Breast MRI is a relatively comfortable and easy exam. You will be asked to lie on your stomach on a cushioned bed. Your breasts will be positioned within a padded opening on the bed. The bed will move into the magnet for the exam and you will hear a muffled thumping sound intermittently throughout the exam. The most important thing you can do to make sure your exam is successful is to hold as still as you can throughout the procedure.
Most breast MRI exams require an injection of a contrast agent called gadolinium. An intravenous catheter (I.V.) for this injection will be placed in your arm before you lie on the bed. Please tell us if you have ever had an allergic reaction to MRI contrast in the past (or any other contrast dye), or if you have any renal (kidney) disease.

Please help us TO ACCOMMODATE ALL OF OUR PATIENTS

Breast MRI is a very specialized procedure for which there are a limited number of available appointments. Our MRI schedule is very busy and runs on the hour. Therefore, it is important that you are here on time for your scheduled appointment. If it is necessary for you to cancel or reschedule your MRI appointment, please call our office at least 48 hours before your scheduled appointment. (585)442-2190, ext. 3015.There will be a $100 no show charge to any patient who misses an MRI appointment and has not given us the required cancellation notice.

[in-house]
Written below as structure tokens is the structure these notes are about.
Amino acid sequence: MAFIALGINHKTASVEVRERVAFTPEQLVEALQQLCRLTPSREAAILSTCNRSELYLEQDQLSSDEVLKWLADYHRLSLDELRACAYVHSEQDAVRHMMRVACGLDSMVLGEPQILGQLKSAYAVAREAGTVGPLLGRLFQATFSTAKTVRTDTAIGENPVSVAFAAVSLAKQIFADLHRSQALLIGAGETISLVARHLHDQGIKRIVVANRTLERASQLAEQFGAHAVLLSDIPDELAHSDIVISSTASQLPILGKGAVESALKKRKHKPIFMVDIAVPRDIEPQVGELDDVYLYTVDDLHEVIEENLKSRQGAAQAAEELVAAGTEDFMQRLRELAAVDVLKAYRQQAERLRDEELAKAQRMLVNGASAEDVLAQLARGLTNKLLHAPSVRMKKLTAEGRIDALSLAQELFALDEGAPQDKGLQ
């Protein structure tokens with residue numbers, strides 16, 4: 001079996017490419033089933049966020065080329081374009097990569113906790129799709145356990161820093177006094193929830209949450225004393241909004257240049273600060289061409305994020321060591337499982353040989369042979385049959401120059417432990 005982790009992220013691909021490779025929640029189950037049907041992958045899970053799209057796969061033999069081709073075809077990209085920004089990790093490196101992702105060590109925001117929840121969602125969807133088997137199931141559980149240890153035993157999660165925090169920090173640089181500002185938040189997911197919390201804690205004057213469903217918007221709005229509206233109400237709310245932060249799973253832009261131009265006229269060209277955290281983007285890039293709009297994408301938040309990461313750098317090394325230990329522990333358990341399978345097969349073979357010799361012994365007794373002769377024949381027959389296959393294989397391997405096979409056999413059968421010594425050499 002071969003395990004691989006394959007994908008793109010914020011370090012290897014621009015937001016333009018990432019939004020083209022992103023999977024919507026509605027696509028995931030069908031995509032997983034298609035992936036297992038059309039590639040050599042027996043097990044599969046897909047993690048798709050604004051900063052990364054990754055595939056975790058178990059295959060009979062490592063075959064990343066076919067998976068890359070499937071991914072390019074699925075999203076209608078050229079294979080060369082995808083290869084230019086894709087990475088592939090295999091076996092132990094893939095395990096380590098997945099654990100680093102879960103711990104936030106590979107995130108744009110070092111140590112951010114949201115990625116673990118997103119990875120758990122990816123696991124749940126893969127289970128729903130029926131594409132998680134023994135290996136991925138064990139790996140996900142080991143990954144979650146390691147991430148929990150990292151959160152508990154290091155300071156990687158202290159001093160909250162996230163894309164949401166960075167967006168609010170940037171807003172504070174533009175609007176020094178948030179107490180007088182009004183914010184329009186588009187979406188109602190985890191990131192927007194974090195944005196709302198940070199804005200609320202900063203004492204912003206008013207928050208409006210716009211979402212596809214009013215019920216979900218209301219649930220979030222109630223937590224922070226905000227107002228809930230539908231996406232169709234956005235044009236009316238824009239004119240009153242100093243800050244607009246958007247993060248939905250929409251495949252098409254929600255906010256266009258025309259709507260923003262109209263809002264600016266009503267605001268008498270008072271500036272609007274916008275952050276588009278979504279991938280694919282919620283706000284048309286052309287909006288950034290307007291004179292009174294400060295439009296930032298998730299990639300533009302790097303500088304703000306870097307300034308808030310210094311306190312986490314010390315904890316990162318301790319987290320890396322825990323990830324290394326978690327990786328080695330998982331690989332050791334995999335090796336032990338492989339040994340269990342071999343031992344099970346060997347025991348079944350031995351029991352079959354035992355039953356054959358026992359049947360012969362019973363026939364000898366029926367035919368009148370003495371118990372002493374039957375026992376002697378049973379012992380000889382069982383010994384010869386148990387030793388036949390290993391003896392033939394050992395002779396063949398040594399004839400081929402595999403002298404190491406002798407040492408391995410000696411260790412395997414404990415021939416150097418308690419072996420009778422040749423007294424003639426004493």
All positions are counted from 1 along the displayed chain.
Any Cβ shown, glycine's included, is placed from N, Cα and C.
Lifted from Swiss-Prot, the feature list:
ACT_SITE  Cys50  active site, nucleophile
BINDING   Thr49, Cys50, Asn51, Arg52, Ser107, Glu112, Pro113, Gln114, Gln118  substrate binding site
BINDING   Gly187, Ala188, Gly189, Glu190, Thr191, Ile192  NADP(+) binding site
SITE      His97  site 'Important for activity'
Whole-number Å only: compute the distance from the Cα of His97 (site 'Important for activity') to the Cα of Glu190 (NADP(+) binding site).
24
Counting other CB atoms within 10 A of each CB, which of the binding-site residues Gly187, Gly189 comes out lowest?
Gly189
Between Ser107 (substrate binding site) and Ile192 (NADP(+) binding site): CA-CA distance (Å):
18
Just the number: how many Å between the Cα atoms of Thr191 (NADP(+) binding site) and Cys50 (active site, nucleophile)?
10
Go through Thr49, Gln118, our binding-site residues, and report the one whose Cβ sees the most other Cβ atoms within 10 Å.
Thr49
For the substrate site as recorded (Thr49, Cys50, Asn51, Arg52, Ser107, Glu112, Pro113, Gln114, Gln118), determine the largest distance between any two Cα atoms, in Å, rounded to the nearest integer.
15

Breast Implants and MRI

Breast MRI is sometimes used to image silicone breast implants. If you have breast implants, it is important that you tell the technologist when she calls you before your exam and approximately how many years you’ve had them.

Insurance Coverage

Please note each insurance company has it’s own criteria to meet in order for coverage. Please check with your individual insurance provider to determine your coverage and eligibility for breast MRI. Our staff at EWBC can also help provide assistance and information to you and your PCP to help the process.

 

This page is intended as an educational resource only. It is not a substitute for professional care. Please see your physician if you have any concerns about your own health.